HONOLULU -- A luminous squid and a chronic lung infection in a person with cystic fibrosis (CF) may not seem to have much in common. However, both are examples of persistent infection of an animal host by a bacterium. Scientists at the University of Hawaiʻi and the University of Iowa plan to study the parallels between these two systems.
The investigation will be funded by a three-year, $2 million grant to the UI Foundation from the W.M. Keck Foundation and will draw on the unique expertise of researchers at the Kewalo Marine Laboratory, part of the Pacific Biomedical Research Center of the University of Hawaiʻi at Mānoa, and the UI College of Medicine.
Studying chronic infections in animals is difficult over the long term because the animals usually either beat the infections and recover, or succumb and die. However, UH Mānoa research on the lifelong infection of bobtail squid by a light-emitting bacterium (Vibrio fischeri) has resulted in an experimentally useful model of chronic infection. This model will be combined with the UI expertise in bacterial biofilms and the disease process of CF.
"There are many parallels between chronic infections in humans and the symbiotic relationship between the bobtail squid and this light-emitting bacterium," said E. Peter Greenberg, Ph.D., the Virgil L. and Evalyn Sheppard Professor of Molecular Pathogenesis and UI professor of microbiology. "The principles of engagement, as far as we can tell, seem to be the same. We just don't know what they all are."
Many persistent infections are caused by biofilms, organized groups of bacteria encased in a self-produced matrix. At the UI, Greenberg and his colleagues have shown that the bacterium Pseudomonas aeruginosa forms biofilms in the lungs of individuals with CF. These biofilms are highly resistant to antibiotics and cause an overactive inflammatory response by the CF patient's immune system.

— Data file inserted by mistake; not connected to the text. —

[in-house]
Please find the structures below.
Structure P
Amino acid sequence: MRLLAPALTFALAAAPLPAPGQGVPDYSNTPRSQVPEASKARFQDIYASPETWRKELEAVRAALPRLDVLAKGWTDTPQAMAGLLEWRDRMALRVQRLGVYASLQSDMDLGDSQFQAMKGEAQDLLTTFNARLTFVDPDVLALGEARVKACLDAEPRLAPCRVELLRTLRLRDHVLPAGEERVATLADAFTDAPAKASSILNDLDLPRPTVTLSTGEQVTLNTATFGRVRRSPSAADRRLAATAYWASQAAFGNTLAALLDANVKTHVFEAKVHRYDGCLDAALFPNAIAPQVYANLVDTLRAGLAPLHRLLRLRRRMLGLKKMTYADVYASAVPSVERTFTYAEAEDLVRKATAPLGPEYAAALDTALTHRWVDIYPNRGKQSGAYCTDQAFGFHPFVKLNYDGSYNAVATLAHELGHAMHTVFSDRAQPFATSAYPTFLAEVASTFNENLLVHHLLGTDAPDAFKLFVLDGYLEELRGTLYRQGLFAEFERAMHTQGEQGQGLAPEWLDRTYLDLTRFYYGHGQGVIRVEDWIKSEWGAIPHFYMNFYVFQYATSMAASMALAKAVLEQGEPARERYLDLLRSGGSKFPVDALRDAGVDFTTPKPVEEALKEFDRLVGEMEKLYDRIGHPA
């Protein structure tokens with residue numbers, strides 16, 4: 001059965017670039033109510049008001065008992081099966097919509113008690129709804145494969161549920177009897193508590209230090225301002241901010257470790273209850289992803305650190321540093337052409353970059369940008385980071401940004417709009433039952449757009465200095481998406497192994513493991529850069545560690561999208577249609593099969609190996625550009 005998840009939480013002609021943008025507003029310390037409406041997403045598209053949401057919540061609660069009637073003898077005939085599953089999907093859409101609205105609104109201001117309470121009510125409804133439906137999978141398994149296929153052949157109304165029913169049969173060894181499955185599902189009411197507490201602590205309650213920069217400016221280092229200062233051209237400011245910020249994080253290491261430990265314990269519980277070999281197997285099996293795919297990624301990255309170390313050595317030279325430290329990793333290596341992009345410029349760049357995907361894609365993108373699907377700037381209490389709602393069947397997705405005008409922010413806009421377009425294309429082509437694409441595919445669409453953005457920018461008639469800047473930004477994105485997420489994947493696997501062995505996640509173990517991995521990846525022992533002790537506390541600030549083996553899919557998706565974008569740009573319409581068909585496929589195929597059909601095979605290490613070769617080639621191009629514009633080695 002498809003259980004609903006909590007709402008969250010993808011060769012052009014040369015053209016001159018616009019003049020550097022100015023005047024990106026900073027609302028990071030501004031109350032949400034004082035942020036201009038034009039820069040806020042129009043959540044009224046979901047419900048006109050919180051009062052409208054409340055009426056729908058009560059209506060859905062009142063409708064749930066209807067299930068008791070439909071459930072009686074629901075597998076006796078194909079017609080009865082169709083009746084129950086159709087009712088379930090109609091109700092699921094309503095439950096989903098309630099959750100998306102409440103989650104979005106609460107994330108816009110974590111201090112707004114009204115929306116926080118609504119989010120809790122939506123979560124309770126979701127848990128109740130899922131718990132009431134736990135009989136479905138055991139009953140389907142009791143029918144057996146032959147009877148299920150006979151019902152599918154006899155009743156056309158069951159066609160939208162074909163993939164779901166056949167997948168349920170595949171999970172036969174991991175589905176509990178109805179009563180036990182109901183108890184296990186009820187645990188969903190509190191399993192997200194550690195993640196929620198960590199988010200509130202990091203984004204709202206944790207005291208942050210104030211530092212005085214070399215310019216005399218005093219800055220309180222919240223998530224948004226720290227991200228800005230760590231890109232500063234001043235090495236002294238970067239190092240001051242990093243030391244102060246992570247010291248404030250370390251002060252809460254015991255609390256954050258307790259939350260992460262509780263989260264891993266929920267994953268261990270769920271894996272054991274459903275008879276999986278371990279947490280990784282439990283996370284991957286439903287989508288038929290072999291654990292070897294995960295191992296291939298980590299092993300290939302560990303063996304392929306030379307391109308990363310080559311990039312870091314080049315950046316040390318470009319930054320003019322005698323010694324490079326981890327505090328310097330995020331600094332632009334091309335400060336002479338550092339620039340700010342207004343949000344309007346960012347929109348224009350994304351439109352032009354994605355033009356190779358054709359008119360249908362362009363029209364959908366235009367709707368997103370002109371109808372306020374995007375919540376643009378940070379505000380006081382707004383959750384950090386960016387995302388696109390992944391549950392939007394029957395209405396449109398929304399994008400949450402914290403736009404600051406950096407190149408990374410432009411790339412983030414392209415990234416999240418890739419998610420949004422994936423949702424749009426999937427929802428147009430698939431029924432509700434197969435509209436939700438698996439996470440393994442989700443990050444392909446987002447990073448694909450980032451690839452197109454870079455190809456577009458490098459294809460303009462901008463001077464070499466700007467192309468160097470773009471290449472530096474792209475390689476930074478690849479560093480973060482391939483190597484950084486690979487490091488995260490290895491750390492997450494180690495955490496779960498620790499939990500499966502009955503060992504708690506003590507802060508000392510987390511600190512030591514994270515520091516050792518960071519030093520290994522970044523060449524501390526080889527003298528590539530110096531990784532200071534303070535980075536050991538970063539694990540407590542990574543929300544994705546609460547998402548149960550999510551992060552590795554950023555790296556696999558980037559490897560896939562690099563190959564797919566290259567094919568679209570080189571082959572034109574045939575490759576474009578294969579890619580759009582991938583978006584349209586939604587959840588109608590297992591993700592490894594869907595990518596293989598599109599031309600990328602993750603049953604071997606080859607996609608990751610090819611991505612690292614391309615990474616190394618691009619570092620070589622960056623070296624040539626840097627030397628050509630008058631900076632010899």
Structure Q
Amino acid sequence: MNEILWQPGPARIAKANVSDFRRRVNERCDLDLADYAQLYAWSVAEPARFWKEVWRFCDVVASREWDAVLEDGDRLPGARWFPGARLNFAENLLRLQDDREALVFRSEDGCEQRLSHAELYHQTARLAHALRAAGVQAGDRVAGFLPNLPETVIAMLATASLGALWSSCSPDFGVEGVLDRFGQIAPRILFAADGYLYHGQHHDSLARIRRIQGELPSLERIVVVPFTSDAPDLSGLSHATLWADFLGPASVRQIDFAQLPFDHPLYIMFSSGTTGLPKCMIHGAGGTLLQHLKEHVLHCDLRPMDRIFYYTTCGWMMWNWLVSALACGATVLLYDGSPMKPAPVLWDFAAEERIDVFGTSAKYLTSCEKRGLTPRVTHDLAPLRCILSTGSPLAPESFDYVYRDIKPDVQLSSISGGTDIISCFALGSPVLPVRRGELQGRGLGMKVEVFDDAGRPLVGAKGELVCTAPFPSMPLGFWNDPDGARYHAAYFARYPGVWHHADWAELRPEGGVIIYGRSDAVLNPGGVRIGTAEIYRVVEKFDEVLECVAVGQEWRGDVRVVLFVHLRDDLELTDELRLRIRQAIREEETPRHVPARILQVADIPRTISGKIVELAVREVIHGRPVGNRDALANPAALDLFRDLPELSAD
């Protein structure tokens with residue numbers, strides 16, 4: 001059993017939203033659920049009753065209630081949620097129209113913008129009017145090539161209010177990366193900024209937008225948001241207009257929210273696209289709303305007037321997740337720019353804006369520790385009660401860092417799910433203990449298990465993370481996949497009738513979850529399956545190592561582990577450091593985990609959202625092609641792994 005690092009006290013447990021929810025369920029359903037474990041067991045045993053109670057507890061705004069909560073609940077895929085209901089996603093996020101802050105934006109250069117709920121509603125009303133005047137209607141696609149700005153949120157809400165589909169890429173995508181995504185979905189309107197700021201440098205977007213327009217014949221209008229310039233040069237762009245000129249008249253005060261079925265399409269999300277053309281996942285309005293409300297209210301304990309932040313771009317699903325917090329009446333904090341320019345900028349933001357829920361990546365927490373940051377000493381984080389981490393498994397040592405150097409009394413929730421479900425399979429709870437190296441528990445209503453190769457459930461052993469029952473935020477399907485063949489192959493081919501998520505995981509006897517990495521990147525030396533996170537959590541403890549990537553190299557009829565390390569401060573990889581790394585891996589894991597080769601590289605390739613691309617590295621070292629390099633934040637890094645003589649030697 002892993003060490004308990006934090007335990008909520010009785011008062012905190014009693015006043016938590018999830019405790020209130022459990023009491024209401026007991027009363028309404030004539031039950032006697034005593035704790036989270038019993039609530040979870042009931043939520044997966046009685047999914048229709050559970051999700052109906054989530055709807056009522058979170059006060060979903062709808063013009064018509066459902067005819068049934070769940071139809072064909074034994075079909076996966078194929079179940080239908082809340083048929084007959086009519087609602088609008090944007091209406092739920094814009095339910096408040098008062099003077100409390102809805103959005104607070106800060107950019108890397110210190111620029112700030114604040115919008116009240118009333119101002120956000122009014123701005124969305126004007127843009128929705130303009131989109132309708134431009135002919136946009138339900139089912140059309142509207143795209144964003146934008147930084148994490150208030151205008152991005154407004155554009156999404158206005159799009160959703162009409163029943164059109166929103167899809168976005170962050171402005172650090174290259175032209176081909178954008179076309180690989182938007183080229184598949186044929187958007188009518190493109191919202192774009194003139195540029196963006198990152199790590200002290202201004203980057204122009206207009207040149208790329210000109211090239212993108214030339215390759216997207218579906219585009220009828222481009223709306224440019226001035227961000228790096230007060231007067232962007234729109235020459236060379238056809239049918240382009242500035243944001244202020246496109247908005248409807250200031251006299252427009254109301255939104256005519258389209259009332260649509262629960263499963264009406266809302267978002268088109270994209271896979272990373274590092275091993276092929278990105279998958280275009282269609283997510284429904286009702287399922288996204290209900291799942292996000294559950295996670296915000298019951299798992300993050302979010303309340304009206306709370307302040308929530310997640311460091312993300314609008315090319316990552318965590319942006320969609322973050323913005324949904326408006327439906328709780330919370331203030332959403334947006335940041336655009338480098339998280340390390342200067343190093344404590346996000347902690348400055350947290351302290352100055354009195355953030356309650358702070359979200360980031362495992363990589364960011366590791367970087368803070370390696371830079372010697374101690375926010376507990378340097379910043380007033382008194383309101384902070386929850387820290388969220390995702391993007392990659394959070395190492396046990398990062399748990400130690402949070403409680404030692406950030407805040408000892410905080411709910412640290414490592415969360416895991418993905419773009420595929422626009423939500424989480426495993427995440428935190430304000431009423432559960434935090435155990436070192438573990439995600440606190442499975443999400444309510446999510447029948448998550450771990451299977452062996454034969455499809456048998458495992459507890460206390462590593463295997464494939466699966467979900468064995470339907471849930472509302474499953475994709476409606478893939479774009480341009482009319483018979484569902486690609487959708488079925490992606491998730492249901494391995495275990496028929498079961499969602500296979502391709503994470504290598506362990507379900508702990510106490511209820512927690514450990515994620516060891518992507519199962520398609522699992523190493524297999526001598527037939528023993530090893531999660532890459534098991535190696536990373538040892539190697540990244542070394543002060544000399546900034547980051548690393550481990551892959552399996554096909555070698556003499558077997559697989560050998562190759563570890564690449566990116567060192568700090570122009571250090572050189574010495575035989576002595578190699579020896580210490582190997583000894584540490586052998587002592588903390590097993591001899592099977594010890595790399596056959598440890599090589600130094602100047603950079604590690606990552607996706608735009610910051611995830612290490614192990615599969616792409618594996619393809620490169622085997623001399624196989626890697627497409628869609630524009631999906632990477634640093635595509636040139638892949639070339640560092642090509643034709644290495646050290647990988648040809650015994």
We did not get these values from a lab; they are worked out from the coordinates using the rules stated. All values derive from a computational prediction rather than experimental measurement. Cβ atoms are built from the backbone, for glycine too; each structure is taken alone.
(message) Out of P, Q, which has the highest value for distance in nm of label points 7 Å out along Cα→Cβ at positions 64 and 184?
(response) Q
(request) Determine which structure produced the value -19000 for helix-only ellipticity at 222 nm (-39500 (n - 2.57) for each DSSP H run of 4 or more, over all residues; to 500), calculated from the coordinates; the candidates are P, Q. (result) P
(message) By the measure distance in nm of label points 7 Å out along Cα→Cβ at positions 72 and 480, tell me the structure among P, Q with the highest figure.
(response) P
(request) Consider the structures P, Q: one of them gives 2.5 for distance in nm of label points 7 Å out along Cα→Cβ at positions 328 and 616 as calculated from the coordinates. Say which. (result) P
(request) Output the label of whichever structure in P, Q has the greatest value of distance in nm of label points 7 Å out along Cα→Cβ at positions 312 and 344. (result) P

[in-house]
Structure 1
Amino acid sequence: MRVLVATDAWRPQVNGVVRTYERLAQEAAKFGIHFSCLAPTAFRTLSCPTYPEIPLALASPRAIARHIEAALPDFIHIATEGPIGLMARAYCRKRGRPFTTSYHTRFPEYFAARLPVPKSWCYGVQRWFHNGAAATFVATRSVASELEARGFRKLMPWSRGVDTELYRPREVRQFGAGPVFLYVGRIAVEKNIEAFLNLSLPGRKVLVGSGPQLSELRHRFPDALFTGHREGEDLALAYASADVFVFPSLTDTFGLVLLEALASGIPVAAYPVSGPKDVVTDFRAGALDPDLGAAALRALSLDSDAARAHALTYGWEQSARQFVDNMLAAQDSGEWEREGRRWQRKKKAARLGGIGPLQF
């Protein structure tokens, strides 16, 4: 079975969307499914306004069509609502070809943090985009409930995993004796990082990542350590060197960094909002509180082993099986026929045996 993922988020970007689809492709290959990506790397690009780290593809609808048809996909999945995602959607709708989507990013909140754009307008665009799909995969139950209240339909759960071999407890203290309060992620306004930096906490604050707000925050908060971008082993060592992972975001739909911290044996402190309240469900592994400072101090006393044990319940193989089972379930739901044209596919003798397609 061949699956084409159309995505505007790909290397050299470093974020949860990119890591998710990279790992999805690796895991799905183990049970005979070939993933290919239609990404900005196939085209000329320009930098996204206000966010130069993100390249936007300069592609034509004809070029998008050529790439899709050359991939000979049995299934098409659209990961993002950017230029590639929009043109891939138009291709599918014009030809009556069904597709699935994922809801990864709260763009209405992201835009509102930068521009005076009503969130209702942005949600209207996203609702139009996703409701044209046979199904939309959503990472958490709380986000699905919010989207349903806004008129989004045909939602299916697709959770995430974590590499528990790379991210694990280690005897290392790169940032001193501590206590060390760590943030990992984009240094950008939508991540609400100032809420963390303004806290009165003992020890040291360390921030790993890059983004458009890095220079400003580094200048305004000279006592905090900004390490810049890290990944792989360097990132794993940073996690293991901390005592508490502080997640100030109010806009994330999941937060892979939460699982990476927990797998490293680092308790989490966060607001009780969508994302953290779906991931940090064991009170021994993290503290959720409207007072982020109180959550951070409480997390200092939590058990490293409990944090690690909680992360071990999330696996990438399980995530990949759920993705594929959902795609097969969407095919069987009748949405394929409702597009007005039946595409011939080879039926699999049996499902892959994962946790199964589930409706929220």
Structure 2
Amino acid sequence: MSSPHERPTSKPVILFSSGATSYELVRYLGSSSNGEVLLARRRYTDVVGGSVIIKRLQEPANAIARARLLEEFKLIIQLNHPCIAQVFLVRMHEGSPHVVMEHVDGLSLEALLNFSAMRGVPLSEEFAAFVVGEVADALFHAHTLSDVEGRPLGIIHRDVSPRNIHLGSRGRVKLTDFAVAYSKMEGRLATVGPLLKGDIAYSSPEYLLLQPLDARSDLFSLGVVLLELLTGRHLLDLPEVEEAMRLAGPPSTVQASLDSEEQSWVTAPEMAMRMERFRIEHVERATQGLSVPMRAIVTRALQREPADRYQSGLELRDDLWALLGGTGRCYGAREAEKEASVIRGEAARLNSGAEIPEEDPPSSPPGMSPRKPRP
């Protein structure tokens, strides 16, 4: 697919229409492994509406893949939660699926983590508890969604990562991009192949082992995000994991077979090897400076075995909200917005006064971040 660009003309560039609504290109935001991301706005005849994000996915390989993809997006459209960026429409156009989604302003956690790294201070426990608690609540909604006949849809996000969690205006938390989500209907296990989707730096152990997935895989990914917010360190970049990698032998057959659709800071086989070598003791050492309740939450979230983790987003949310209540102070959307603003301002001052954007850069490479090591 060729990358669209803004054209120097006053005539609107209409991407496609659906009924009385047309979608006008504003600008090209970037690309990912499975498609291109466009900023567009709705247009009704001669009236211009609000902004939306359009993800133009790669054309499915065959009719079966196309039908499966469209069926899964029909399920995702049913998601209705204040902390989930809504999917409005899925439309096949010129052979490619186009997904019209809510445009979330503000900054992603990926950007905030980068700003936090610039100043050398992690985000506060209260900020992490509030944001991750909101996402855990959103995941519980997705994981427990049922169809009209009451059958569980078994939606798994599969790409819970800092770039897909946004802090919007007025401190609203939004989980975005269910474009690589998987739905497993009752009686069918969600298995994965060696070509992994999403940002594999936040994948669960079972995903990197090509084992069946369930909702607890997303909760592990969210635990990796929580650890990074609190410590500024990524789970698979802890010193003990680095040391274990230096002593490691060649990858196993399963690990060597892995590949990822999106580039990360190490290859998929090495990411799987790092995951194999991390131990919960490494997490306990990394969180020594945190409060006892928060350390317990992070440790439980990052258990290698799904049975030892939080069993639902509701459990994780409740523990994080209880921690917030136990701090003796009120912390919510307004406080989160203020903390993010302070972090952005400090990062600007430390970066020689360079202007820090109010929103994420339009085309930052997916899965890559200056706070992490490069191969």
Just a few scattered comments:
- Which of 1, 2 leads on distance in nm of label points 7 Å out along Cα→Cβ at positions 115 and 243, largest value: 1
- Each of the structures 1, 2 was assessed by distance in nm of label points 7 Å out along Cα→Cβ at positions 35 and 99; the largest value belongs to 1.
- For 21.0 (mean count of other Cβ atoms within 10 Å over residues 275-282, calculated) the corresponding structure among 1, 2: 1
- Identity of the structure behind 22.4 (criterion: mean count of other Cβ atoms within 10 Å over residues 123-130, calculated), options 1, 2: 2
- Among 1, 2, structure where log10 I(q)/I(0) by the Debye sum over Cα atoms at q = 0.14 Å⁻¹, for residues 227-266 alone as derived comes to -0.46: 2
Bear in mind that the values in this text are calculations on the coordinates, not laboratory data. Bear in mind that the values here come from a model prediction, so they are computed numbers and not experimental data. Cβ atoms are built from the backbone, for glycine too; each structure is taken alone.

The researchers hope that an improved understanding of persistent bacterial infection of animal hosts will lead to the development of drugs to treat chronic infection and inflammation in humans.
The W.M. Keck Foundation is one of the nation's leading philanthropic organizations. It funds pioneering research efforts designed to open up new fields of investigation and lead to breakthrough discoveries and the development of new technologies.
"The W.M. Keck Foundation grant allows us to put together a program that we couldn't otherwise do with the type of funding usually available even to well-funded senior faculty," Greenberg said. "It allows us to try all sorts of novel things."
UH President Evan S. Dobelle and UI President Mary Sue Coleman played key roles in developing this request to the W. M. Keck Foundation. President Coleman presented the proposal to the W. M. Keck Foundation.
According to Dobelle, "the grant will advance one of the most strategically important priorities of the University of Hawaiʻi — expanding research in the biomedical sciences."
"President Dobelle and I are excited about the interdisciplinary research and collaboration between our institutions made possible by this grant from the W. M. Keck Foundation," Coleman said.
A first step in the study will be to sequence the genome of the light-emitting Vibrio fischeri bacterium. This information will be used to construct a DNA microarray, or gene chip, containing DNA fragments representing the bacterium's genes. The researchers will collaborate with Integrated Genomics, a Chicago-based research firm, to build the microarray.